By: Hannah Shreve
A while ago I wrote about the issues with “Romeo and Juliet” by the famous playwright and poet William Shakespeare. There were many obvious issues but after doing more in depth research I realized that I’d missed a lot of equally alarming parts. Last time, I, (as many others do) looked at this story with a critical eye rather than through the eyes of the characters, which reveals far more than what one would expect. It’s all much more realistic if we look at this as a watered down story of first love. *Fair warning, anyone who knows me, or has read some of my other articles knows that I’m pretty cynical and pessimistic. It’s entirely possible that I am seeing this play in such a negative light because of this. So, my views of this play are going to be very different than someone who sees this story in another light, and I would love to hear everyone’s opinions of this play.*
One of the issues that I missed was one of the big recurrences in the play. We saw it in the second scene in act one, when the Capulet servant was inviting people to the big dinner party that kicked the whole story off. We saw it after Romeo and Juliet's first chance meeting, we saw it when Juliet faked her death to evade her arranged marriage with Paris. Messages, the whole play revolves around them, they are there in every important scene but no one, myself included, seems to connect the dots the first time. When the servant was inviting people he asked Romeo to read the list to him since he couldn’t read, that's how Romeo ends up at the Capulet party in the first place. Then we see it after the lovers meet for the first time, they are interrupted by Juliet’s nurse. The nurse is the one who identifies Romeo as Juliet’s new lover at the party. When Friar Lawrence’s warning to Romeo fails to reach him, Romeo finds out on his own, missing the key piece of information that would have kept them all alive. Messages and their significance is a recurring theme in the story.
In the third quatrain of the prologue we see that while their love was written in the stars (hence; star crossed lovers), so was their death. Their relationship was hopeless from the start, it was said that they were destined to meet, fall in love, die, and end the feud. And their death wasn't without reason because it was the only possible way to end the ancient grudge. “The fearful passage of their death-marked love, And the continuance of their parents’ rage, Which, but the childrens’ end, naught could remove.” How many people have missed this? How many people thought that the lover's end was a tragic coincidence? How many think that if they were to do things a bit different they might have survived? Sure, in the real world that was entirely possible, but this is Shakespeare, I think we all know based on “A Midsummer's Night Dream” that he plays by his own rules, so to solve the issues presented, you have to use Shakespearean logic.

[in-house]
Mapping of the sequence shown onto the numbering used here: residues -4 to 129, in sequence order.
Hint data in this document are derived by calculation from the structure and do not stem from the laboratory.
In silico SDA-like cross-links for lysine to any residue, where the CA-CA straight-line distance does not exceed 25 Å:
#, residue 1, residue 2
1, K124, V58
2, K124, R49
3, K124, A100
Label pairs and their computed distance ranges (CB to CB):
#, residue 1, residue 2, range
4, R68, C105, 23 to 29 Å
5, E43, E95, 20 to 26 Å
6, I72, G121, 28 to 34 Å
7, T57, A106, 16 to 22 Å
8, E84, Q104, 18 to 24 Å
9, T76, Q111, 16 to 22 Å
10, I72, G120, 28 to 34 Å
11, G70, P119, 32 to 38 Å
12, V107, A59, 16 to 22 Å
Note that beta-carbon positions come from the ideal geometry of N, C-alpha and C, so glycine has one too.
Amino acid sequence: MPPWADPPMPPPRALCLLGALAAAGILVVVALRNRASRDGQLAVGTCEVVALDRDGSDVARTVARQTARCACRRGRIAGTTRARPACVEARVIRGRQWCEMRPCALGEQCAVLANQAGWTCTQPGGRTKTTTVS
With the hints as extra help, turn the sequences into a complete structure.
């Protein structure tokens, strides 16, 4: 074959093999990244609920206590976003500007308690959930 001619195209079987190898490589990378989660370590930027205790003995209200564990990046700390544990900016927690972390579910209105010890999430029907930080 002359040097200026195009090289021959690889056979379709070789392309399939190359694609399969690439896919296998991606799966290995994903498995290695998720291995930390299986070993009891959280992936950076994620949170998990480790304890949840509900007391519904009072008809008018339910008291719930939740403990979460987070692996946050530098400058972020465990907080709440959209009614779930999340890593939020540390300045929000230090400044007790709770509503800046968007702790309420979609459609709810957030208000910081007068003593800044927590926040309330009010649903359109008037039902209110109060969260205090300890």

What about Lord Capulet? In the beginning he was doing so well! He was one of the most progressive characters in the entire story. In that time marriage was not about love, it was about what benefits it could present to the family, families would marry their daughters off to the richest, most powerful man available. And while that was one of the points that Lord Capulet was trying to achieve he also valued Juliet’s opinion. He told Paris that he need to woo Juliet, because he would not give his daughter away for he feared he might spoil the rest of her life, the way his parents did to his wife, Lady Capulet. “My will to her consent is but a part. And she agreed, within her scope of choice. Lies my fair, according voice” Him caring about his daughter's opinion was really unusual at that time. But after Juliet’s secret marriage to Romeo and she refuses to marry Paris her father's progressive views go out the window. Her consent doesn’t matter anymore and if she refuses to marry Paris he will never look Juliet in the eyes again. Which is extremely manipulative if you ask me. How can you care so much and then the moment she doesn’t agree with his plan, she is an unruly daughter, who does not deserve their time. Not that she ever got much of it to begin with.